Steve McQueen’s Small Axe is shaping up to be something special. The anthology of five feature-length films chronicles different lives from the 1960s through the 1980s in London’s West Indian community. The entire project, as a whole, focuses on black joy, black ingenuity, and black perseverance. Three of the five movies debuted at this year’s New York Film Festival. The other two installments, Education and Alex Wheatle, will be available later this year when Small Axe streams on BBC One and Amazon Prime Video.
While Red, White and Blue (the last episode of Small Axe) feels like a standalone exploration of systemic racism in law enforcement driven by an impassioned performance from John Boyega, it’s also a finale in conversation with the other films in the anthology. This story of a black man who becomes a police officer in the early 1980s feels like a bookend to Mangrove, in which the police discriminated against the black community during the ’70s and the community fought back. The top 40 needle drops in Red, White and Blue also feel distinct from the predominantly reggae tracks heard in the Lovers Rock house party.
Like the other Small Axe films, Red, White and Blue is both a recreation of the past and a commentary on the present. That urgency may explain the awestruck chill that ran through my body as soon as the end credits appeared. The final moments are understated and unexpected, but I felt like I witnessed a baton passed from one generation to another, and then held out to the viewer to consider a never-ending moral struggle.
Red, White and Blue – Small Axe
Director: Steve McQueen
Release Date: December 13, 2020 (BBC One/iPlayer); December 18, 2020 (Amazon Prime Video)
Red, White and Blue is based on the true story of Leroy Logan (Boyega). An Islington-born son of Jamaican immigrants, Logan worked as a research scientist before serving in London’s Metropolitan Police for 30 years. He reached the title of Superintendent and retired in 2013. Logan saw some progress in community engagement and police reform during his time on the force, but he’s noted in recent interviews that the progress seems to have eroded.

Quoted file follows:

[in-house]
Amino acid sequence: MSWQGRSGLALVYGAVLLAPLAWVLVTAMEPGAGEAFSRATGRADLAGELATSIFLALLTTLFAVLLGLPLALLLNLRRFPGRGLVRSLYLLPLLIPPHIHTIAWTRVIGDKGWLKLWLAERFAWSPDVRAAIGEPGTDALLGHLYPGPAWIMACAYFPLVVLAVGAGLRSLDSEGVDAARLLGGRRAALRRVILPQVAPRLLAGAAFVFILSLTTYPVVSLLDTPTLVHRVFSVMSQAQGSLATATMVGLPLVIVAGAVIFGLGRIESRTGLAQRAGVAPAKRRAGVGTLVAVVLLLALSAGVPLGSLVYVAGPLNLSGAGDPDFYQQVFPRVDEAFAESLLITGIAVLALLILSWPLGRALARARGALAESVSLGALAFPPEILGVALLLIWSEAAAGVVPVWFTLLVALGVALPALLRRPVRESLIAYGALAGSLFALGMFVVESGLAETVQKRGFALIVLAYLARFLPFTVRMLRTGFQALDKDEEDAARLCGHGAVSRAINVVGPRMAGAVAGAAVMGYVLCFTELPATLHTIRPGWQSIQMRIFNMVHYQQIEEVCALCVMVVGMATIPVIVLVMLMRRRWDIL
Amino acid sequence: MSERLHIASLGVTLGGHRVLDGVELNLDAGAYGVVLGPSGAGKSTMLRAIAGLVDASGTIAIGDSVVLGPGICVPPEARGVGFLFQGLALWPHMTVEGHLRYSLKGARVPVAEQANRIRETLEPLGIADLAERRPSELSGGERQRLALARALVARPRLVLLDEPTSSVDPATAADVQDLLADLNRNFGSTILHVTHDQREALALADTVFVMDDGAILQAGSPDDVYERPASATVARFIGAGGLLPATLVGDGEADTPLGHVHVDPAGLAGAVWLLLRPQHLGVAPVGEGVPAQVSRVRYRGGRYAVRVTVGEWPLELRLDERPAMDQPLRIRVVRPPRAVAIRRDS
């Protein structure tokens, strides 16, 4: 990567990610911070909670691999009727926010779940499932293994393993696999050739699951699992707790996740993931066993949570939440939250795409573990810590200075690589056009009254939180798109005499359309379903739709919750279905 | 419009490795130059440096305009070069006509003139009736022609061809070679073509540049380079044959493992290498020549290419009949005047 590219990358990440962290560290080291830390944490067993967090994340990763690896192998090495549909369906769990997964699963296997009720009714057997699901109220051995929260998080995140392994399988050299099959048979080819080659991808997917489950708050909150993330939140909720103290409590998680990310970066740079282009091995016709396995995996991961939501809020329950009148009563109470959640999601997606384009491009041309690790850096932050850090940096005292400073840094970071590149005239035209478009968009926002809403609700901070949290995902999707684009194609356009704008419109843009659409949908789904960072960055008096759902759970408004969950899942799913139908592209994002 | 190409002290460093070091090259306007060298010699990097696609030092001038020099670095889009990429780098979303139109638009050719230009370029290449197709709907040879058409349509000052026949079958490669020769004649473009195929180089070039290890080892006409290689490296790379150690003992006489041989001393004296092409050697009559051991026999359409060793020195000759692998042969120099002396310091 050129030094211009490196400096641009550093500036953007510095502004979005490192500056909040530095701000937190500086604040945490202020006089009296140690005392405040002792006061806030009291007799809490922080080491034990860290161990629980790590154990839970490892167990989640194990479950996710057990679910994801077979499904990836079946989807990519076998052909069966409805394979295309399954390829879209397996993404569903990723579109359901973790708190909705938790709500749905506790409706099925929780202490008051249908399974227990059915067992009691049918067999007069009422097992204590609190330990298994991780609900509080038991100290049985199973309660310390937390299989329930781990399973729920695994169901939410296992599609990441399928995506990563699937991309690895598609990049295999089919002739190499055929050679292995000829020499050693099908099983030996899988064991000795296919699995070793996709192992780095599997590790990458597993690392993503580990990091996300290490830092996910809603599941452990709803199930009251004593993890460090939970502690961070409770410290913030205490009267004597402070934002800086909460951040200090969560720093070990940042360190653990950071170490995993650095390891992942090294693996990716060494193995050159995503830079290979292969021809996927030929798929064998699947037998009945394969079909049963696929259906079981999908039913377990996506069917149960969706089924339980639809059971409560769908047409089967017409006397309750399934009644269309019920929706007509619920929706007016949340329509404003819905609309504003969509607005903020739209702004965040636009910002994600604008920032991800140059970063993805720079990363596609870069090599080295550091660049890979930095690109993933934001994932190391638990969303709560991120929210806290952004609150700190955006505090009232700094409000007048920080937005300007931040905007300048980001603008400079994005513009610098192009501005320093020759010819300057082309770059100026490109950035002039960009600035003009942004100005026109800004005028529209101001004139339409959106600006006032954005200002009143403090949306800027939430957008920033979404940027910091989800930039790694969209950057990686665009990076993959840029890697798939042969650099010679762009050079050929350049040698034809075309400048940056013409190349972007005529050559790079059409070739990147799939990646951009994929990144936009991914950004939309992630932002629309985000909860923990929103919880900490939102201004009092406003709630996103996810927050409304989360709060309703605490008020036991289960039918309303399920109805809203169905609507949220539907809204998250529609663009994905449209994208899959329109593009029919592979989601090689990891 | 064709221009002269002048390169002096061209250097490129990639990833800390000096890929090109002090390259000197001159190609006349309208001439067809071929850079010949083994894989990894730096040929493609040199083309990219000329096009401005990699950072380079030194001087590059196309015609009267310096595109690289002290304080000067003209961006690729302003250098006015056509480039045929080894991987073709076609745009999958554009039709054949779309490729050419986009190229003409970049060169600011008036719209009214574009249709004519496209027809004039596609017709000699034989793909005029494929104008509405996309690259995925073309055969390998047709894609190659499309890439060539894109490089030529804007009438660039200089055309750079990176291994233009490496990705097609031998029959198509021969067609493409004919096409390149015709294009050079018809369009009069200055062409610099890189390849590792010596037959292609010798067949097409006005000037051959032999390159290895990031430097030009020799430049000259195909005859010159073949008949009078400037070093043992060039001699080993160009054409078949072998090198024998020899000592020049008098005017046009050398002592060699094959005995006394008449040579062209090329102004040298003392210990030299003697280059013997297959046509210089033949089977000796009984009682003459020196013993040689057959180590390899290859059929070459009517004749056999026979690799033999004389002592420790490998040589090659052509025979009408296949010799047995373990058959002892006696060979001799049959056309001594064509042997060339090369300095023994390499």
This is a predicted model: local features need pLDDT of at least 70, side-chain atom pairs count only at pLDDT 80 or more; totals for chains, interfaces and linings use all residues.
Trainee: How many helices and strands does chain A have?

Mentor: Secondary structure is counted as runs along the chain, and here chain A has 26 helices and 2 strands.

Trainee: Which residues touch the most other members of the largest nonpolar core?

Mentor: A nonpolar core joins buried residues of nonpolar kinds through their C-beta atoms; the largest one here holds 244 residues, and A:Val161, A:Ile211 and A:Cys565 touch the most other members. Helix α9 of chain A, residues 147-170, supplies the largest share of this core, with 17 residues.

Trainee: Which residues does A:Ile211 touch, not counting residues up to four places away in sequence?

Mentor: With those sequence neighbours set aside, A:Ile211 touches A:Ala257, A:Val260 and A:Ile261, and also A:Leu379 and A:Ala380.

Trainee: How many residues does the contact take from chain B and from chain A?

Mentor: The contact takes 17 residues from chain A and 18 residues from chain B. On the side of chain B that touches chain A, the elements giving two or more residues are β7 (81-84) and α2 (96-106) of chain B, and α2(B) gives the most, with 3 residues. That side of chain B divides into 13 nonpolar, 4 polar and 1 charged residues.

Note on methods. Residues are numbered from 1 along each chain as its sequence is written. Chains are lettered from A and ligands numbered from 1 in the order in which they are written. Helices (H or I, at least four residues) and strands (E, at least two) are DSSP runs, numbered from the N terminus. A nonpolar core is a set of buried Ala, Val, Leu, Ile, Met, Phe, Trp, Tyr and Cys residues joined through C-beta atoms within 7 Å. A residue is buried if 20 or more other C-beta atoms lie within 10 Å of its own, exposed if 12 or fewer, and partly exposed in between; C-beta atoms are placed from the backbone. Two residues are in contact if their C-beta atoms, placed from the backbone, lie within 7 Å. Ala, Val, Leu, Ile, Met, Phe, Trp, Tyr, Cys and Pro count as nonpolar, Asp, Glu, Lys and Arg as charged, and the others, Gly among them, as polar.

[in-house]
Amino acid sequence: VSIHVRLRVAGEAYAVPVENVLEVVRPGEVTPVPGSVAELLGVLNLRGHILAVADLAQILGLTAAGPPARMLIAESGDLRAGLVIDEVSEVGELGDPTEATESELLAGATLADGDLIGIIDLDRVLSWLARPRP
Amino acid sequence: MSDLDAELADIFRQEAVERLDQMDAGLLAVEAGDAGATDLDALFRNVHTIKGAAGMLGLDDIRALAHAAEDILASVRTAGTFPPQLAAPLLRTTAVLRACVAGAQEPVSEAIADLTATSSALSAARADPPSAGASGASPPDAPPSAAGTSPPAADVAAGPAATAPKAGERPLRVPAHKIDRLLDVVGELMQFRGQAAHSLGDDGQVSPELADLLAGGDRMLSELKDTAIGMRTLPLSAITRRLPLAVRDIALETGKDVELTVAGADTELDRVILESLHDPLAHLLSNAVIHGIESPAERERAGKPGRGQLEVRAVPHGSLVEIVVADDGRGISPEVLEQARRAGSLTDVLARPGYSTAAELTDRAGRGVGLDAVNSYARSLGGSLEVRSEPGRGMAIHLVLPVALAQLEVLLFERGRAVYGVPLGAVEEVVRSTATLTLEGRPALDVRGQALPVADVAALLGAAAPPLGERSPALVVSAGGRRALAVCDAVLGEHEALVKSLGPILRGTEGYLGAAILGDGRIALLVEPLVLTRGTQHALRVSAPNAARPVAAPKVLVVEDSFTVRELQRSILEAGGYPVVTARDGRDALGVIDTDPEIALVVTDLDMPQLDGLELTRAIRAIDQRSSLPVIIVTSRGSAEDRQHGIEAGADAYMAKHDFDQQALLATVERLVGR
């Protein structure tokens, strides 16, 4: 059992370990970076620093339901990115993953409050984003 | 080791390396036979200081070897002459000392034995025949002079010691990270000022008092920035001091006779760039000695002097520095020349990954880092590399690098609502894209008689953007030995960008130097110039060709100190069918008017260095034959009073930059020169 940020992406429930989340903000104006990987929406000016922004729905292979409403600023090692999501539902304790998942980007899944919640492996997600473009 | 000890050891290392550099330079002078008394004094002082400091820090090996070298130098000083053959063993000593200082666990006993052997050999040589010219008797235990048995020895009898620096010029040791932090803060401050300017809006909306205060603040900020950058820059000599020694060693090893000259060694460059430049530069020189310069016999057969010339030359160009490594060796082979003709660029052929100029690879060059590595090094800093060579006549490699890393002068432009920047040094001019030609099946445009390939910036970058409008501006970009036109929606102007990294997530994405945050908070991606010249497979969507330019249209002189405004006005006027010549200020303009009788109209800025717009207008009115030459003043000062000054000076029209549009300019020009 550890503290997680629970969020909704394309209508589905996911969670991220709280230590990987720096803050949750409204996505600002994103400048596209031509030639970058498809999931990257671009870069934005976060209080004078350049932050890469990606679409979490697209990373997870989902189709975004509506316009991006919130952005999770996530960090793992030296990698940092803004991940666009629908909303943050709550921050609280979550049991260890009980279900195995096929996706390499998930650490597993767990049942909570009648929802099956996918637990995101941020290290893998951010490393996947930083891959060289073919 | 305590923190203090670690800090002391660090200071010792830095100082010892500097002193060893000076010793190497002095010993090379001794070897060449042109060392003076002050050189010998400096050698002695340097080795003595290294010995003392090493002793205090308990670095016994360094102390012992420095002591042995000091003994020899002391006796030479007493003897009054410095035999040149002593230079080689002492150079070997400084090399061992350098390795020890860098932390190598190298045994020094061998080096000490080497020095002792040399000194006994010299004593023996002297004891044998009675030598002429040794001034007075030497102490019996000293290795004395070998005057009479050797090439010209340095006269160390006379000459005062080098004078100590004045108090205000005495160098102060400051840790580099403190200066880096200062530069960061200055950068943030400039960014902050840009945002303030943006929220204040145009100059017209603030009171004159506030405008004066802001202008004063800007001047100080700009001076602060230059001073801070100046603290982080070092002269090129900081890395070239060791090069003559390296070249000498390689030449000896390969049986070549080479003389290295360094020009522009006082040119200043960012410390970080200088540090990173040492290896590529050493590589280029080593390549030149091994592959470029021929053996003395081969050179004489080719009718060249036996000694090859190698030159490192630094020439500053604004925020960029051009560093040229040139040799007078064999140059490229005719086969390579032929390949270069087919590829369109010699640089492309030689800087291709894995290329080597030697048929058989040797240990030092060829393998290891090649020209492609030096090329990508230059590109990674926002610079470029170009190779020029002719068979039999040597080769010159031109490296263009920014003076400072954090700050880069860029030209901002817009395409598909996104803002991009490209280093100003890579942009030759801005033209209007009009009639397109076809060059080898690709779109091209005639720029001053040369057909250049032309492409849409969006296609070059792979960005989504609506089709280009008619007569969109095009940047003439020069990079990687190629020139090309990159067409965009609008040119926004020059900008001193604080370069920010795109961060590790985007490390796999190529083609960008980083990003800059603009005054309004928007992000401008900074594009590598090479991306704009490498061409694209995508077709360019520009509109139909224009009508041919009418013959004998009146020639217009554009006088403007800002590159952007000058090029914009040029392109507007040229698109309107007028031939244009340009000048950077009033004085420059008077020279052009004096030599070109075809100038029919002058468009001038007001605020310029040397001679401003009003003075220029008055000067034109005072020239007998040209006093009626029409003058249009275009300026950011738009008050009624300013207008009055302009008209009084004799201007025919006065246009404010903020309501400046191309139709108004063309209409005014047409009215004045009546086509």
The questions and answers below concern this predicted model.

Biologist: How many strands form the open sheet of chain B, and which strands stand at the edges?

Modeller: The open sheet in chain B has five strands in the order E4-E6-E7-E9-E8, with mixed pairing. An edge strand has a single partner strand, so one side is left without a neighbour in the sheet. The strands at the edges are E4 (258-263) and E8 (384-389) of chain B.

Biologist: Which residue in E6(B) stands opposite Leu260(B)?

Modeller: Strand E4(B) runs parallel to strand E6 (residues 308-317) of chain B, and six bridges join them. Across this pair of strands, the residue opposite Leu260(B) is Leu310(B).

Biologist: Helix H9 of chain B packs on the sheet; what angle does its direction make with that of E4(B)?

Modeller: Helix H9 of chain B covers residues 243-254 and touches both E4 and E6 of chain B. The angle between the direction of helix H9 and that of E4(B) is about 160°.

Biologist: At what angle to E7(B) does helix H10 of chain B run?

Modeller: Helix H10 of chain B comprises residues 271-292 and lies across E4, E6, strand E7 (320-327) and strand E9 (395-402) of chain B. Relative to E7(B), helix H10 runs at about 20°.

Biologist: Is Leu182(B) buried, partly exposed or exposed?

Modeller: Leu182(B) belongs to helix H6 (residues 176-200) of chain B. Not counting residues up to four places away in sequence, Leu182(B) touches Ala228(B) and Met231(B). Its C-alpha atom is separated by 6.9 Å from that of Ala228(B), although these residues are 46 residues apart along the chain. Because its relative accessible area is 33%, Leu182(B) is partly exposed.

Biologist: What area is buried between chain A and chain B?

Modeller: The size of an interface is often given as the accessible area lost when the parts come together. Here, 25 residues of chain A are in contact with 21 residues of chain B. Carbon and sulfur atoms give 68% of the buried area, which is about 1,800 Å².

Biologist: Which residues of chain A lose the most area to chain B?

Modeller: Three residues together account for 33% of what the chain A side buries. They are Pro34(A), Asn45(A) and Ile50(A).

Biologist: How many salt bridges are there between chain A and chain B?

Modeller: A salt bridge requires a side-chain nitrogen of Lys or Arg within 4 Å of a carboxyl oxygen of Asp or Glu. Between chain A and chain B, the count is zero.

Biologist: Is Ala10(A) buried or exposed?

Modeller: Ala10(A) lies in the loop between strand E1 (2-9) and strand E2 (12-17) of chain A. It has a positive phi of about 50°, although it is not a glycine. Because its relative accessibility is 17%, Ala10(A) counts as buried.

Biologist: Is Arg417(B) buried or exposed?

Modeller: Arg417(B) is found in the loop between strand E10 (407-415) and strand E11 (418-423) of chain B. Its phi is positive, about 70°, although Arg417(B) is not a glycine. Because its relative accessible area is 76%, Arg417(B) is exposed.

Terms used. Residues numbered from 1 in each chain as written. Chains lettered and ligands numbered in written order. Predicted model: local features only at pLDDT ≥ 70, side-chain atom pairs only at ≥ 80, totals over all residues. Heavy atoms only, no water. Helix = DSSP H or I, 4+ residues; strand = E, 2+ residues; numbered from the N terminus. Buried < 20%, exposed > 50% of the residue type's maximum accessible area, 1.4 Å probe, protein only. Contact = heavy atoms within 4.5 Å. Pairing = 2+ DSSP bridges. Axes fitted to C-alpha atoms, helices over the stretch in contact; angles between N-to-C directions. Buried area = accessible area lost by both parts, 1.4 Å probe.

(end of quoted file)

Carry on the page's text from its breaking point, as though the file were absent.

Red, White and Blue only covers the early years of Logan’s career, and McQueen provides ample reminders of the overbearing white supremacy present in law enforcement. Logan is one of just a few people of color on the force. All of his fellow cadets are white, and all of the paintings on the walls are of white politicians, royals, and officers. When interviewing for a job in law enforcement, Logan says to the all-white hiring committee, “I don’t suppose you get many people from my background.” A beat passes before Logan clarifies: “Science.” It’s a clever, almost sitcom-y moment that runs counter to the overt racism displayed by the rest of the police.
Outside of the force, Logan faces distrust from other members of the West Indian community who think he’s either foolish or a traitor for becoming a cop. His own father, Kenneth (Steve Toussaint), seethes quietly about his son’s choice. The film opens with Logan as a child getting stopped and frisked by the cops. His father shouts the officers away for blatant discrimination. Years later, Kenneth is brutalized by two white officers without cause.
Small Axe as a whole may be about the need for solidarity, yet throughout Red, White and Blue, we watch Logan constantly forced into isolation for his decisions both at work and in the community. Not only does Logan have to be an exceptional black man to even be considered for a job in law enforcement, but he also has to do a lot of that work on his own if he wants to change the system from within. His main support comes from a young Pakistani police officer, the only other person of color in that station, yet the two are forced to suffer the bigotry around them in silence (be it from fellow officers or superiors). How do outsiders build solidarity and community in an exclusionary institution that is resistant to change? I think it’s also worth asking how rare legitimately good cops are, and how many of them are pushed out or worn down by the system before they can do anything worthwhile?